When a Chinese balloon was shot down over the United States on February 4, it became a worldwide diplomatic scandal.
The US accused China of using the stratosphere – the area above 7 to 20 km in altitude, depending on the latitude – as a way to spy on the US. China responded with threats of its own and claimed the balloon was civilian and had meteorological purposes.
For Neal Unitt-Jones, however, thinking about stratospheric objects like the Chinese balloon is just a regular day at the office. “It was not a surprise at all”, he said. “This technology has been around for a while now. It’s just another utility in the stratosphere.”
In recent years, the space around Earth has become increasingly crowded with satellites. Yet, the higher reaches of the Earth’s atmosphere remain surprisingly untouched. A new generation of companies, however, wants to change that. Using large, uncrewed aircraft, they want to beam down 5G signals and keep an eye on Earth.
Unitt-Jones’s firm, the Cambridge-based Stratospheric Platforms, is one such company and is planning to add another aircraft to the stratosphere – a so-called High-Altitude Pseudo Satellite or HAPS.
If the vision of companies like Stratospheric Platforms becomes a reality, it will mean that by the end of the decade, the stratosphere might be filled not just with the occasional stray balloon, but also with uncrewed, powered aircraft – flying above regular air traffic – that can stay there for weeks to even months at a time.
Stratospheric Platforms has so far managed to raise more than $85m in capital from German telecom company Deutsche Telekom and is in a fundraising round hoping to add another $160m to that number. Its idea is to use HAPS to provide telecommunication services from the stratosphere.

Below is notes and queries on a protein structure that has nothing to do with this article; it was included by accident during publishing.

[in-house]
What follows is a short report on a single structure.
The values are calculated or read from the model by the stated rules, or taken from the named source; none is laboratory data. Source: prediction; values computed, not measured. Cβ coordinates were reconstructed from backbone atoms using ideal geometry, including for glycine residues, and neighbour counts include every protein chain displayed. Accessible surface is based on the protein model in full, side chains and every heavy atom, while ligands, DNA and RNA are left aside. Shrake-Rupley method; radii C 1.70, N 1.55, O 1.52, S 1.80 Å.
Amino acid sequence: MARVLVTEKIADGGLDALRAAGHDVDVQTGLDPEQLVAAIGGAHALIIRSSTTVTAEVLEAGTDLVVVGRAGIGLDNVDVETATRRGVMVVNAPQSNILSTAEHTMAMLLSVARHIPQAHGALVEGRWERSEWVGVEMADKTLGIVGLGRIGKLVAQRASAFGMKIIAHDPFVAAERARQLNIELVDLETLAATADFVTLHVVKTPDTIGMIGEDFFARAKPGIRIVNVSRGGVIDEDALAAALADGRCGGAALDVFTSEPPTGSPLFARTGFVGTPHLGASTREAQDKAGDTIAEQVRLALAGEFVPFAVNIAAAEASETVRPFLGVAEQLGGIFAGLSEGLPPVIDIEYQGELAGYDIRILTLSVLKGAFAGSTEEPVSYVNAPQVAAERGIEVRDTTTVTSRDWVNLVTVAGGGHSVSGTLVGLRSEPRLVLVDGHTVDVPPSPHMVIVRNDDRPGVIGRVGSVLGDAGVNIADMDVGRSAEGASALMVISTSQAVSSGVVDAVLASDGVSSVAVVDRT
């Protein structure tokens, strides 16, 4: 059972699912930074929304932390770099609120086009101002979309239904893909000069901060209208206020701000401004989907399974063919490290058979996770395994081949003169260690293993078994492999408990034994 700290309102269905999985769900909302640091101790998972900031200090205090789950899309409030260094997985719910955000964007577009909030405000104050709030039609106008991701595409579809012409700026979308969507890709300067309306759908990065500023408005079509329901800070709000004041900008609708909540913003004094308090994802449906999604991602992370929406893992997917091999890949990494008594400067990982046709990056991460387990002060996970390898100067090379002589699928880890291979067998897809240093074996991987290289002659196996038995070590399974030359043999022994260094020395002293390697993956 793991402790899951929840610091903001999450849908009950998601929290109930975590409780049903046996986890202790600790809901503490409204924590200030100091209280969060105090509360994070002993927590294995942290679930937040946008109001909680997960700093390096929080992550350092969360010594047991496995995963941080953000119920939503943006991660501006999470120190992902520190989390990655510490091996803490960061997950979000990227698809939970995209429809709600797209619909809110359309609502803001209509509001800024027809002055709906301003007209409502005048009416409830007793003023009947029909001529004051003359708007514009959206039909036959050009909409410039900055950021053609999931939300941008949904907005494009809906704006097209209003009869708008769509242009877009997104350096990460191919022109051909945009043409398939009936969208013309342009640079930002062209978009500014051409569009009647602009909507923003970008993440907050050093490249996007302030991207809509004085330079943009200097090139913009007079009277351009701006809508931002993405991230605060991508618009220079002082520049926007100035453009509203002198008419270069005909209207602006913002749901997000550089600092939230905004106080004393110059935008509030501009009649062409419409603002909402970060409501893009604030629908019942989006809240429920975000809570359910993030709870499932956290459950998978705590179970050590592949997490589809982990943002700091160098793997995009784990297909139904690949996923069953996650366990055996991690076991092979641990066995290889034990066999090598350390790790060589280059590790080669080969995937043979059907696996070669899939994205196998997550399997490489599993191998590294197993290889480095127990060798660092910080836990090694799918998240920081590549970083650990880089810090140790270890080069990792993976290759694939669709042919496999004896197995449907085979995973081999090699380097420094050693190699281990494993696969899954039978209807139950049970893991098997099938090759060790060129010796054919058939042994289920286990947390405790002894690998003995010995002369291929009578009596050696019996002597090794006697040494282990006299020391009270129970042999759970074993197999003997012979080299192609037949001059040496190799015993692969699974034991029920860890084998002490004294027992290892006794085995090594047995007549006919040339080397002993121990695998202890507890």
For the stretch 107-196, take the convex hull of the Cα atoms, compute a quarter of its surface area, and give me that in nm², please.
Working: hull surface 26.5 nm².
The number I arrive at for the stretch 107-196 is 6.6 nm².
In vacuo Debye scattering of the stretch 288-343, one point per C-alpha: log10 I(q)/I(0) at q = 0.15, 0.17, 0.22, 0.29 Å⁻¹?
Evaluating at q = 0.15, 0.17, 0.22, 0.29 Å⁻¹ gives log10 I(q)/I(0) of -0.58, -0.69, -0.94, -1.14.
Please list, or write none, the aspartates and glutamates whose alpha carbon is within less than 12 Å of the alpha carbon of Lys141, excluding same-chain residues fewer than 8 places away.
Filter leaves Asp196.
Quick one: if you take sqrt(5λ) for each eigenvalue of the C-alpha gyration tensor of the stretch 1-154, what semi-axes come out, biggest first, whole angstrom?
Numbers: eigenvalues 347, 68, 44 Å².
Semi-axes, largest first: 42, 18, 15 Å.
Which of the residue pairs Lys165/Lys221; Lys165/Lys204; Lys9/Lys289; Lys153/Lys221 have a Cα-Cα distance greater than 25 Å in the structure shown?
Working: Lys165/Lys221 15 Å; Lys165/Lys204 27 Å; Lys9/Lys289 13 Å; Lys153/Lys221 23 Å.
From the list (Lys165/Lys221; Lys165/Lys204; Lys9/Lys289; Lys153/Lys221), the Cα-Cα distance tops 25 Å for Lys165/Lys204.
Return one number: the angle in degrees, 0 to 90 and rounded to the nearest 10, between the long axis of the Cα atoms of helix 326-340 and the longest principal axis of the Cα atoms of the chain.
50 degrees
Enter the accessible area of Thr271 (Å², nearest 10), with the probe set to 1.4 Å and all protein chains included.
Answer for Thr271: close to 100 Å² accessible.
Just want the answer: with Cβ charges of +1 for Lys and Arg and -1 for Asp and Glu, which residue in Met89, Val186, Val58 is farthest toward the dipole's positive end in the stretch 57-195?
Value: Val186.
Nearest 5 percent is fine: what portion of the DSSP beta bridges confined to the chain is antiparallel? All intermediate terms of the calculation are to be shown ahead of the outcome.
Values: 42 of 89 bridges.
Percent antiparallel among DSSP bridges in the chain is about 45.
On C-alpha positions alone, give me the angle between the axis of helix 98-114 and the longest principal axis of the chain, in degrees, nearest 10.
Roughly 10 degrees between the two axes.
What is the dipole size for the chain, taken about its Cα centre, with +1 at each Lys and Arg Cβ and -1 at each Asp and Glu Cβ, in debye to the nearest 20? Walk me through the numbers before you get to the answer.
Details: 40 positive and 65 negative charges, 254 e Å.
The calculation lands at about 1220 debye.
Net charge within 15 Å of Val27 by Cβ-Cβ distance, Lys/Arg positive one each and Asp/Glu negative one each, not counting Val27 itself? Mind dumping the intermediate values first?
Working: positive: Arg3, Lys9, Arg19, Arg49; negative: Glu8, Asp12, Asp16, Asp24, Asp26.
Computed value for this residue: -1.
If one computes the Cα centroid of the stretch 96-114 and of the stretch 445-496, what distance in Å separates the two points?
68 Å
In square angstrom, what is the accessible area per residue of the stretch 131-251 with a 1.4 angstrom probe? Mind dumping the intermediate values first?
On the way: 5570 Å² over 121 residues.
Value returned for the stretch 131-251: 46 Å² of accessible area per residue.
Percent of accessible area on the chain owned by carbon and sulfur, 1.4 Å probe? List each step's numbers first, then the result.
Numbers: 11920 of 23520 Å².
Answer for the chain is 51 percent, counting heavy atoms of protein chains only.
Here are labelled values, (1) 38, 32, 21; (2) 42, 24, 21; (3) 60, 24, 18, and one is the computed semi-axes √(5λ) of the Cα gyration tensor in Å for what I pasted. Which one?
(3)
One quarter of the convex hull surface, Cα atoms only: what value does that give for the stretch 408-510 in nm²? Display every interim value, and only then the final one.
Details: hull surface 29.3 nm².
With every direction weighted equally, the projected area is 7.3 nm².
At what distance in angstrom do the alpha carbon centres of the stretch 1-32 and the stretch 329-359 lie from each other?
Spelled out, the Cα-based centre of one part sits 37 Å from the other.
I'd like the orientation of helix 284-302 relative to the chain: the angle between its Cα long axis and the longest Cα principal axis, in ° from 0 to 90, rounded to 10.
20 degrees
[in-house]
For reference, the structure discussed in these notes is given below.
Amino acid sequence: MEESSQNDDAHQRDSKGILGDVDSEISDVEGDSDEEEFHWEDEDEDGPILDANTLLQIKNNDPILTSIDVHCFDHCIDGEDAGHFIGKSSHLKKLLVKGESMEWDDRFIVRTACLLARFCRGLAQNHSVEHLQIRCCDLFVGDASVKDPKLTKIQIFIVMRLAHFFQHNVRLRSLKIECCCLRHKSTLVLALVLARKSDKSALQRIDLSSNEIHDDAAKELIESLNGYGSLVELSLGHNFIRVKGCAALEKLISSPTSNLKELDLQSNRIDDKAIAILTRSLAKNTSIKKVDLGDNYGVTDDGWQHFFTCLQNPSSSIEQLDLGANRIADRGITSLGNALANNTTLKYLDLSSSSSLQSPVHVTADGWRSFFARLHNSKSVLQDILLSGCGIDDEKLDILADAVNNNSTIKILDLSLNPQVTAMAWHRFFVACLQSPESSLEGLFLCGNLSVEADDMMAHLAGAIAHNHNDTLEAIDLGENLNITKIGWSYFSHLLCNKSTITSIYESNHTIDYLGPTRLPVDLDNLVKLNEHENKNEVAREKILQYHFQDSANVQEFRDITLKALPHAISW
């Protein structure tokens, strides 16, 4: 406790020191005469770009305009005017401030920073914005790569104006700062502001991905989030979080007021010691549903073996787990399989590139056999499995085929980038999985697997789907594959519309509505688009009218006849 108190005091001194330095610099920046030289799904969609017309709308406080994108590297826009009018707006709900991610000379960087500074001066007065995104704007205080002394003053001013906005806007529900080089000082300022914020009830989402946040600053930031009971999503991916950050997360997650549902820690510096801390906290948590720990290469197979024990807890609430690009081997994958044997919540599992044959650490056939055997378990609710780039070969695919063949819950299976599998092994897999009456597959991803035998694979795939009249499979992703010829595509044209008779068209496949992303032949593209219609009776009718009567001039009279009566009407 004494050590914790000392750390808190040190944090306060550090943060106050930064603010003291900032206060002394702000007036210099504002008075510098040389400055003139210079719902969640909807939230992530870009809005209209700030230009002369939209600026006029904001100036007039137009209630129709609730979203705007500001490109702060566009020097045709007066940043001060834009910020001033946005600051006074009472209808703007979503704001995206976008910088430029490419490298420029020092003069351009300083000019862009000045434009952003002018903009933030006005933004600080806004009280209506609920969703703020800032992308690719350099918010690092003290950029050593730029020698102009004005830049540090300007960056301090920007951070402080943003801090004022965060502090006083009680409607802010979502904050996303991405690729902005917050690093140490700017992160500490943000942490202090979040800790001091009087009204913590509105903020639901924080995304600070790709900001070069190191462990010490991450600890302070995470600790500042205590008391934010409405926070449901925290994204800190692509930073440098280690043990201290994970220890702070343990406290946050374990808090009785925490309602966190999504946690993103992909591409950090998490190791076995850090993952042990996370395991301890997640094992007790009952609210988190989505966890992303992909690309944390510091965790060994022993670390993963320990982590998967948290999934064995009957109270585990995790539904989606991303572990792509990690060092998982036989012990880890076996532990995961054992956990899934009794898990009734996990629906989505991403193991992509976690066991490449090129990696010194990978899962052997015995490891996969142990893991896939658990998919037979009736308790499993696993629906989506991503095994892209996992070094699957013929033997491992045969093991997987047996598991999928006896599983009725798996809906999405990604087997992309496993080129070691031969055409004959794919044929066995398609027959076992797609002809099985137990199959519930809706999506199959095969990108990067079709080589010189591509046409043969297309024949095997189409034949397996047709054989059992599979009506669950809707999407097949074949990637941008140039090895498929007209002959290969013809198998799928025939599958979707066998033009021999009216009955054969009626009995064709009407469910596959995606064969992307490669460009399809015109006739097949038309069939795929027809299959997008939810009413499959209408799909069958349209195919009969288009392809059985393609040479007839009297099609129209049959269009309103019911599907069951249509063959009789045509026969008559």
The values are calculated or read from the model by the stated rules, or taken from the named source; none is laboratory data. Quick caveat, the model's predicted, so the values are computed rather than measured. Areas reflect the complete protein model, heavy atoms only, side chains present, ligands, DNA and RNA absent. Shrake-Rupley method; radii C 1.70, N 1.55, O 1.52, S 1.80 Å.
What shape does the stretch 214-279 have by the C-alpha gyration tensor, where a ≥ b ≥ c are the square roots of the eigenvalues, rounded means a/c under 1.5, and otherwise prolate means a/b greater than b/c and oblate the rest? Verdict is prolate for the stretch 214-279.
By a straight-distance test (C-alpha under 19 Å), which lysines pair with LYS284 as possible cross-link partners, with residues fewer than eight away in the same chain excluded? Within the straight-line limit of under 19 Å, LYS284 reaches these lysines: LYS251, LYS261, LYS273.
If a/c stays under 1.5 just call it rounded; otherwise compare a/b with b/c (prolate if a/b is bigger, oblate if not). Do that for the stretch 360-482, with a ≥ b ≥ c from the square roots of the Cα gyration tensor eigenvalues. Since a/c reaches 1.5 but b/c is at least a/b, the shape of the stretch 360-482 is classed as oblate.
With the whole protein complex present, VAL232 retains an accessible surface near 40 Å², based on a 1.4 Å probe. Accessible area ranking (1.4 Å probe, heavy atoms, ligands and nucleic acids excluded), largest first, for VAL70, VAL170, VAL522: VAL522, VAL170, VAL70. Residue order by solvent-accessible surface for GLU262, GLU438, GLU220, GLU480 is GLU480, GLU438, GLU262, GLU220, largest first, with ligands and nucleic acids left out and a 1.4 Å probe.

Aerospace giant Airbus has also been, for years, building a HAPS and planning to commercially launch its craft next year. Other large investors and aerospace players, such as SoftBank, BAE Systems and Boeing, are all testing or have proposed HAPS designs.
“We’re seeing very interesting opportunities in this market”, said Hussain Bokhari, a senior analyst at the research firm Northern Sky Research, which has conducted studies on the market for HAPS. It concluded in 2020 that by 2029, the market for stratospheric aircraft, which includes HAPS as well as balloons that use high altitudes for services like predicting the weather, would amount to $4bn in cumulative revenues.
It also predicted annual growth in revenues of 13 percent during that period. “It’s going to be exciting to watch how the field develops”, said Bokhari.
The company that has the most advanced HAPS design is Airbus with its Zephyr. The aircraft has a wing span of 25 metres (82 ft) and is powered by solar energy. During the day, solar panels charge batteries that keep the aircraft flying at night.
In 2022, one of Airbus’s aircraft flew for 64 days straight after which it was lost. The Zephyr is currently going through the certification needed to make its commercial debut, which is scheduled to happen around the end of 2024.
“HAPS are like cell towers in the sky”, said Samer Halawi, CEO of AALTO HAPS, the Airbus spin-off dedicated to commercialising the Zephyr. “Signals emitted from them can directly connect to your smartphone, which you cannot do from a satellite.”